Pope Clement VII was born on 26th May 1478 as Giulio di Giuliano de’Medici. He was born in Florence one month after his father had been assassinated after the Pazzi Conspiracy. Giulio’s parents were not formally married, however, a loophole in canon law allowed for his parents to be betrothed which allowed Giulio to be considered legitimate. Giulio’s mother, Fioretta Gorini, died when he was a young age and was educated by his uncle, Lorenzo de’Medici, ruler of Florence.

In 1513 Giulio’s cousin Giovanni de’Medici was made Pope Leo X and made Giulio a Knight of Rhodes and Grand Prior of Capua and as a result he became one of the most powerful figures in Rome. He became one of Pope Leo X’s principal ministers and confidant.

On 23rd September 1513 Guilio was made Cardinal. Giulio was credited with being the main director of papal policy during his cousin’s reign. Between 1521 and 1522 he was Apostolic Administrator of the Diocese of Worcester.

Pope Leo X died in 1521 and Guilio was considered to be papabile in conclave however, he was not elected despite being one of the Holy Roman Emperor, Charles V, preferred candidates. Guilio was a leading Cardinal during the papacy of Pope Adrian VI, who reigned less than a year before his unexpected death on 14th September 1523.

With Pope Adrian VI’s death a new conclave convened and Guilio was elected as Pope Clement VII. Upon his election one of Pope Clement’s first tasks was to send the Archbishop of Capua to the Kings of France, Spain and England in the hope of ending the Italian Wars, his attempt at peace failed. Following King Francis I of France’s invasion of Milan in 1524 Clement quit the Imperial-Spanish side of the Italian Wars and allied himself with the Italian princes which included the Republic of Venice and France in January 1525. The treaty was considered patriotic at the time, however, the unstable economy led to attacks from the Roman barons and the intervention of the Holy Roman Emperor. A month later Francis I was defeated and captured following the Battle of Pavia and Clement returned to his previous alliance with Charles V after signing an alliance with the viceroy of Naples.

Clement, however, once again switched his allegiance following the release of Francis I after the Treaty of Madrid in 1526. The Pope entered into the League of Cognac alongside France, Venice and Francesco Sforza of Milan.

Pope Clement’s change in politics caused the rise of the Imperial party inside the Curia; Cardinal Pompeo Colonna’s troops pillaged Vatican Hill and took control of Rome. Clement was forced to return the Papal States to an alliance with the Imperial side; however, Cardinal Colonna left the siege in Rome and headed to Naples leaving Clement to not follow through on his promise and remaining in alliance with the French. Clement also dismissed the Cardinal from his charge. Clement found himself alone in his alliance with France after the Duke of Ferrara, Alfonso d’Este, sided with the Imperial troops therefore leaving the road to Rome open for the German Landsknechts led by Charles III, Duke of Bourbon.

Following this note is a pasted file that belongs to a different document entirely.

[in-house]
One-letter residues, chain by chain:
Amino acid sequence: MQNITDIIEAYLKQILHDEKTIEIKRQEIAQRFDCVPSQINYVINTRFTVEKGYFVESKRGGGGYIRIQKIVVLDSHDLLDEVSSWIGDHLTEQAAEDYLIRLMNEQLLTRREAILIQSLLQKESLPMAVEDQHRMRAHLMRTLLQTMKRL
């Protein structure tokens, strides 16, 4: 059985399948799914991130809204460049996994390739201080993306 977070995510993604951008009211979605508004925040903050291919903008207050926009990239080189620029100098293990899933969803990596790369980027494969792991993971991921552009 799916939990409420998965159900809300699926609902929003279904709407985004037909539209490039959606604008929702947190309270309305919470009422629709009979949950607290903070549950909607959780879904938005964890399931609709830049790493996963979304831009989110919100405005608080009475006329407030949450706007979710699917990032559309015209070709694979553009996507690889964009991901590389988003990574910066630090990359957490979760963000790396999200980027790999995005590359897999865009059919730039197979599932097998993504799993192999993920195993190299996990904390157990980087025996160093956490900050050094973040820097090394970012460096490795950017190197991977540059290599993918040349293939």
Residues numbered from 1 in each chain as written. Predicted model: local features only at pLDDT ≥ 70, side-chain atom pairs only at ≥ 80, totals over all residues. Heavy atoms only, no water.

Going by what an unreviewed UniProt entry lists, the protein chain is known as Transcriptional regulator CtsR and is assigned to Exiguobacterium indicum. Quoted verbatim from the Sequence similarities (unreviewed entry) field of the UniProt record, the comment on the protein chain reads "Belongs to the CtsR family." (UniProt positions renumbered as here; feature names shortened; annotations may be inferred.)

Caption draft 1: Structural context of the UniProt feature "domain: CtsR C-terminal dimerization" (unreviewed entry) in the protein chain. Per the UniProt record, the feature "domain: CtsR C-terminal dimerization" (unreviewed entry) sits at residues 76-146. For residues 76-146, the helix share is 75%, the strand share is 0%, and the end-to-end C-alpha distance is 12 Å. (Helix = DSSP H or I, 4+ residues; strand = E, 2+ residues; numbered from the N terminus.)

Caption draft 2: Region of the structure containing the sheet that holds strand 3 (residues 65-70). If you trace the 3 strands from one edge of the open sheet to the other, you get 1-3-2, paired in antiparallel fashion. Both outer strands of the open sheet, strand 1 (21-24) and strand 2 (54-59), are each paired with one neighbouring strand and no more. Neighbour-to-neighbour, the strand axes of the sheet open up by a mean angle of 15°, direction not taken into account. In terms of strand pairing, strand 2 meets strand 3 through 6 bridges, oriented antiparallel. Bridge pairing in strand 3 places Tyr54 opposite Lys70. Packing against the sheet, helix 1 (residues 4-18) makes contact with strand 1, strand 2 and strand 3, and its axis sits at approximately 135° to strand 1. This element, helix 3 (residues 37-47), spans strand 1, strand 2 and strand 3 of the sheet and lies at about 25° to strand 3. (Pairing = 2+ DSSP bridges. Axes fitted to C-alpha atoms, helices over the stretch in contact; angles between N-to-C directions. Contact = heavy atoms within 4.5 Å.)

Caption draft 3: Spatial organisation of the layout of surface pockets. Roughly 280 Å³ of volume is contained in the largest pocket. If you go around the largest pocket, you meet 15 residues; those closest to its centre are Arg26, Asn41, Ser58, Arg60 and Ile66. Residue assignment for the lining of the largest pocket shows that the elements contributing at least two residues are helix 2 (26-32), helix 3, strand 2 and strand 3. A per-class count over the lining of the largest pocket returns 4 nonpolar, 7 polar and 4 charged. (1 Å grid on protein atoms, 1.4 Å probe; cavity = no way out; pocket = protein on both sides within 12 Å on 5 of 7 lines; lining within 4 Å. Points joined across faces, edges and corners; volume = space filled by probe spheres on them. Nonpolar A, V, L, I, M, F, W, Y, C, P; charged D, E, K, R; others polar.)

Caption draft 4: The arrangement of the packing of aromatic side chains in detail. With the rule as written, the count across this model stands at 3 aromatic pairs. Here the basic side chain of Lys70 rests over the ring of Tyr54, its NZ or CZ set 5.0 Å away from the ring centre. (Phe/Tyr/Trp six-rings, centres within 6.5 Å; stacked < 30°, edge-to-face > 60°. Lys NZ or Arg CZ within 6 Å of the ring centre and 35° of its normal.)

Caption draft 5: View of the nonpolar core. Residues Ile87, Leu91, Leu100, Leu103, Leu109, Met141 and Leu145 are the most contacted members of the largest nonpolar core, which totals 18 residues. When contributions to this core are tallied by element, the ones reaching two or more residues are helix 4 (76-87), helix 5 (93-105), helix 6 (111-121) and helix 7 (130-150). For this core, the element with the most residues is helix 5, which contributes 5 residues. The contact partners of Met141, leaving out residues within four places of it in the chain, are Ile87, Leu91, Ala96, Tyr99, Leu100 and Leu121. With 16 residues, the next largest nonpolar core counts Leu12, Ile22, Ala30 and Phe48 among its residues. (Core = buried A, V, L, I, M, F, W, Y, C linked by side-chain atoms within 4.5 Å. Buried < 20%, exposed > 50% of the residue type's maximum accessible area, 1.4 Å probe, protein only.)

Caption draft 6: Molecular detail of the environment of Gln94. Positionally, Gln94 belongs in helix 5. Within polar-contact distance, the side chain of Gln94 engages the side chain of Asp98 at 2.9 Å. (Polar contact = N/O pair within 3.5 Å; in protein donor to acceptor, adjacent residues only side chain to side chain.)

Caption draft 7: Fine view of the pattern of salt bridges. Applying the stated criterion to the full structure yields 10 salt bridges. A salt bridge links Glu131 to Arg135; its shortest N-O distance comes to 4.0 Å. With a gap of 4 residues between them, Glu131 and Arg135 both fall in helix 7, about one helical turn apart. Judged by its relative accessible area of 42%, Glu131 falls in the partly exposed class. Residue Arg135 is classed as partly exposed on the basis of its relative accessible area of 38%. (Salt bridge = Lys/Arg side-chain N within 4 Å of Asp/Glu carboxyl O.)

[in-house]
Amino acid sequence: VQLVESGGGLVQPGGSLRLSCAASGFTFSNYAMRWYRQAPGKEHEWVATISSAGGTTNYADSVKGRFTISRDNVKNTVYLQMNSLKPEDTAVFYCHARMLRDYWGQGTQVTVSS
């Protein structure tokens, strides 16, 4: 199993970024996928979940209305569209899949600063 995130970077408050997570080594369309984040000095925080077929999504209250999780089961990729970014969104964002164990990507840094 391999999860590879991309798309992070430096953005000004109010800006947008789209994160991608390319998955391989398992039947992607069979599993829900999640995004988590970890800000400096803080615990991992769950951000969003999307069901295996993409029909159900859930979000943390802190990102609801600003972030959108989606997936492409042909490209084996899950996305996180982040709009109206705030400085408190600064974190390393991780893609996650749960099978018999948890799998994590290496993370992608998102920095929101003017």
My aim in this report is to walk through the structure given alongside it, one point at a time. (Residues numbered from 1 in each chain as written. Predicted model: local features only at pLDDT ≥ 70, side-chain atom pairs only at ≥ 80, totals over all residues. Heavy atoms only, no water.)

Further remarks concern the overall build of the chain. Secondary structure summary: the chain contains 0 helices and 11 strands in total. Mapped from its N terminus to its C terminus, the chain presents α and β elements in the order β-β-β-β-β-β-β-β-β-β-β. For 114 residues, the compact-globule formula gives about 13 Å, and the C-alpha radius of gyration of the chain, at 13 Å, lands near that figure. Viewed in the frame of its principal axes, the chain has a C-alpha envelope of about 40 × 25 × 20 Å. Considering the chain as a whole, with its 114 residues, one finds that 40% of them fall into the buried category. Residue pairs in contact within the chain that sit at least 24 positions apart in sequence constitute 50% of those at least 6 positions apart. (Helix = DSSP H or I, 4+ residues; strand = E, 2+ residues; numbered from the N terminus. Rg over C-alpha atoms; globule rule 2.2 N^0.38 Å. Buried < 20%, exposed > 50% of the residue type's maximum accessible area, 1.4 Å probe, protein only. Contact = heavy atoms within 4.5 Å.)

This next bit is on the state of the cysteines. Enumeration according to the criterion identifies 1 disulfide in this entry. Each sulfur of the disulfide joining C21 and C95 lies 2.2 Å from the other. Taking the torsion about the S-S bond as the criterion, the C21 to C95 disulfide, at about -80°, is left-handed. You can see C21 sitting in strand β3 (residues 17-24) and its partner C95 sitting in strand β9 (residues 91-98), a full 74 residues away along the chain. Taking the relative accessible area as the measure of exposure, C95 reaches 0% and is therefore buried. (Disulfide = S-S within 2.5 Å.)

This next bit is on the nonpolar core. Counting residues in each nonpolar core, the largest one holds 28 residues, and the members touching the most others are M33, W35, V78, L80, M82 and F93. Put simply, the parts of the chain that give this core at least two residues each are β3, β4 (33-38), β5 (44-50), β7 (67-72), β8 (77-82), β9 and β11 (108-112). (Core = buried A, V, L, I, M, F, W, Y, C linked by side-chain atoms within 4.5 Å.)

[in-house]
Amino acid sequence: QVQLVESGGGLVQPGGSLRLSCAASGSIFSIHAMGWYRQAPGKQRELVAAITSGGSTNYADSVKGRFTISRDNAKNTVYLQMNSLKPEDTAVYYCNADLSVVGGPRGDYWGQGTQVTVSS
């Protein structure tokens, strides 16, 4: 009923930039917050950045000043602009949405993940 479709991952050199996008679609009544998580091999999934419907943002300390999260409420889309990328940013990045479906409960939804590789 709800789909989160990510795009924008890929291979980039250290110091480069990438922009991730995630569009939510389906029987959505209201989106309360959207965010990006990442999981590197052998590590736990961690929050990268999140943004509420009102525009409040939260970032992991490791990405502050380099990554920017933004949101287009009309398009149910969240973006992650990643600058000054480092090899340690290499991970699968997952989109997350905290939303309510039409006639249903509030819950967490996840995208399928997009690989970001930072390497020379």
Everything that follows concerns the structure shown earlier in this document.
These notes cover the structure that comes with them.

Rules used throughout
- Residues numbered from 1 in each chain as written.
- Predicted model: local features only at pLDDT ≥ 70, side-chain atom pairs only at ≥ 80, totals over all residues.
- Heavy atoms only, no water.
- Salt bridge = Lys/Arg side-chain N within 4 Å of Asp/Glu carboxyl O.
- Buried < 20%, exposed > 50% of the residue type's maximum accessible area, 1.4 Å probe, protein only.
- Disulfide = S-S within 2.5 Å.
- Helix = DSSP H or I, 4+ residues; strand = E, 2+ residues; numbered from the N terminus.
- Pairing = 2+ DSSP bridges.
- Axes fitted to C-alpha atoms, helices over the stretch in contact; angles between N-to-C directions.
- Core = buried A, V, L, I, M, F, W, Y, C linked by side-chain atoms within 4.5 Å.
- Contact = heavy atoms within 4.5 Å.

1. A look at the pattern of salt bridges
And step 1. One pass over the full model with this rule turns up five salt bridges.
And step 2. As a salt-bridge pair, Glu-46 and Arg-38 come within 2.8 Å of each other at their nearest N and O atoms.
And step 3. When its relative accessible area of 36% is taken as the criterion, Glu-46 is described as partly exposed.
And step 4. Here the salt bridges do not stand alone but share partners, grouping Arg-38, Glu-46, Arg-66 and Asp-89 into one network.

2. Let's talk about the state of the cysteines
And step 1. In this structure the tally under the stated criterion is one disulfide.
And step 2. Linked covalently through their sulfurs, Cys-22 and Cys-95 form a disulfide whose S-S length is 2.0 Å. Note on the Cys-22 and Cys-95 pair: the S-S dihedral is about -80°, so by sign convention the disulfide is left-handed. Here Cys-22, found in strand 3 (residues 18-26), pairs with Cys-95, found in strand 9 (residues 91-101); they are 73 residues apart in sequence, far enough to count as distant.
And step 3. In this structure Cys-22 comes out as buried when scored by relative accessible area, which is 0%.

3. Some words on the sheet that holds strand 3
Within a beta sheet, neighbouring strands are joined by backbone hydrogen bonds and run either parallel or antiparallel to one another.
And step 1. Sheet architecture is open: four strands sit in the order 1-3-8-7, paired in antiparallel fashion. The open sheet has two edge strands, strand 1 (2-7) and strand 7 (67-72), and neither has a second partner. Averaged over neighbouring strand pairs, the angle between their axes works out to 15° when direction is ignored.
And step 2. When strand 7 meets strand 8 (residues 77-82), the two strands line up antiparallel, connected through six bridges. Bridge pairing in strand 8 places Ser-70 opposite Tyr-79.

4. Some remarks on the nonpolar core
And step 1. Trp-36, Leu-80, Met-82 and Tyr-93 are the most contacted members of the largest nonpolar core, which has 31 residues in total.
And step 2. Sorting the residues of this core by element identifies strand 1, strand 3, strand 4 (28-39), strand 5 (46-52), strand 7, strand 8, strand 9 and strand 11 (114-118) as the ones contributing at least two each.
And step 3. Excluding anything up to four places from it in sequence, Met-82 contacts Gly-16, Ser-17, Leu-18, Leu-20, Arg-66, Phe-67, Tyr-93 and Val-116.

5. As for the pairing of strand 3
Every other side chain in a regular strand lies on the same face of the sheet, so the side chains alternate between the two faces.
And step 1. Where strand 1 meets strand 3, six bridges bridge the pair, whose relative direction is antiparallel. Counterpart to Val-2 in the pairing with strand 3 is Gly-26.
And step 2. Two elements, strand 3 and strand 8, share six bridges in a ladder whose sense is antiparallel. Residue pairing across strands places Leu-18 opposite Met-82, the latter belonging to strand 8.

The Duke of Bourbon died during the siege and had left his army unpaid, starving and with no clear leader. On the 6th May 1527 the desolate army worked their way through Rome with many reports of vandalism, murder and rape. Pope Clement had no choice but to surrender on 6th June from Castel Sant’Angelo where he had taken refuge. In exchange for his life he agreed to pay 400,000 ducati in exchange for his life with the conditions that Parma, Piacenza, Civitavecchia and Modena were handed over to the Holy Roman Empire, whilst Venice also took advantage of the situation by capturing Cervia and Ravenna. For the six months following his surrender Clement was kept prisoner in Castel Sant’Angelo before he escaped after paying some Imperial officers. Clement disguised himself as a peddler and went first to Orvieto before heading to Viterbo he eventually returned to Rome in October 1528 to find is destroyed and depopulated.

During the Sack of Rome, in 1527, Clement received a request from King Henry VIII asking for his marriage to Katherine of Aragon to be annulled on the basis that it was unlawful in the eyes of God due to her previous marriage to his brother, Arthur. A dispensation had been issued from Pope Julius II before the marriage took place and Clement ruled that the dispensation was lawful and the marriage could not be annulled. The English clergy and lawyers advised Henry’s Privy Council that they could not forced the Archbishop of Canterbury, William Warham, to go against the Pope’s rulings. Warham died soon after and Henry persuaded the Pope to appoint Thomas Cranmer as the next Archbishop. Cranmer was a friend to Anne Boleyn and a reformer. Pope Clement issued the Papal Bulls that would allow Cranmer to take the position on the condition that he took an oath of allegiance to the Pope. Cranmer was consecrated as Archbishop but declared that he did not agree with the oath he was being asked to take. Cranmer granted Henry the annulment that he required and Henry swiftly married Anne Boleyn. Both Henry and Cranmer were excommunicated from the Catholic Church as a result of their actions. Henry would eventually lead Parliament in passing the Act of Supremacy that declared that Henry was the head of the Church of England and the papacy had no authority within the country.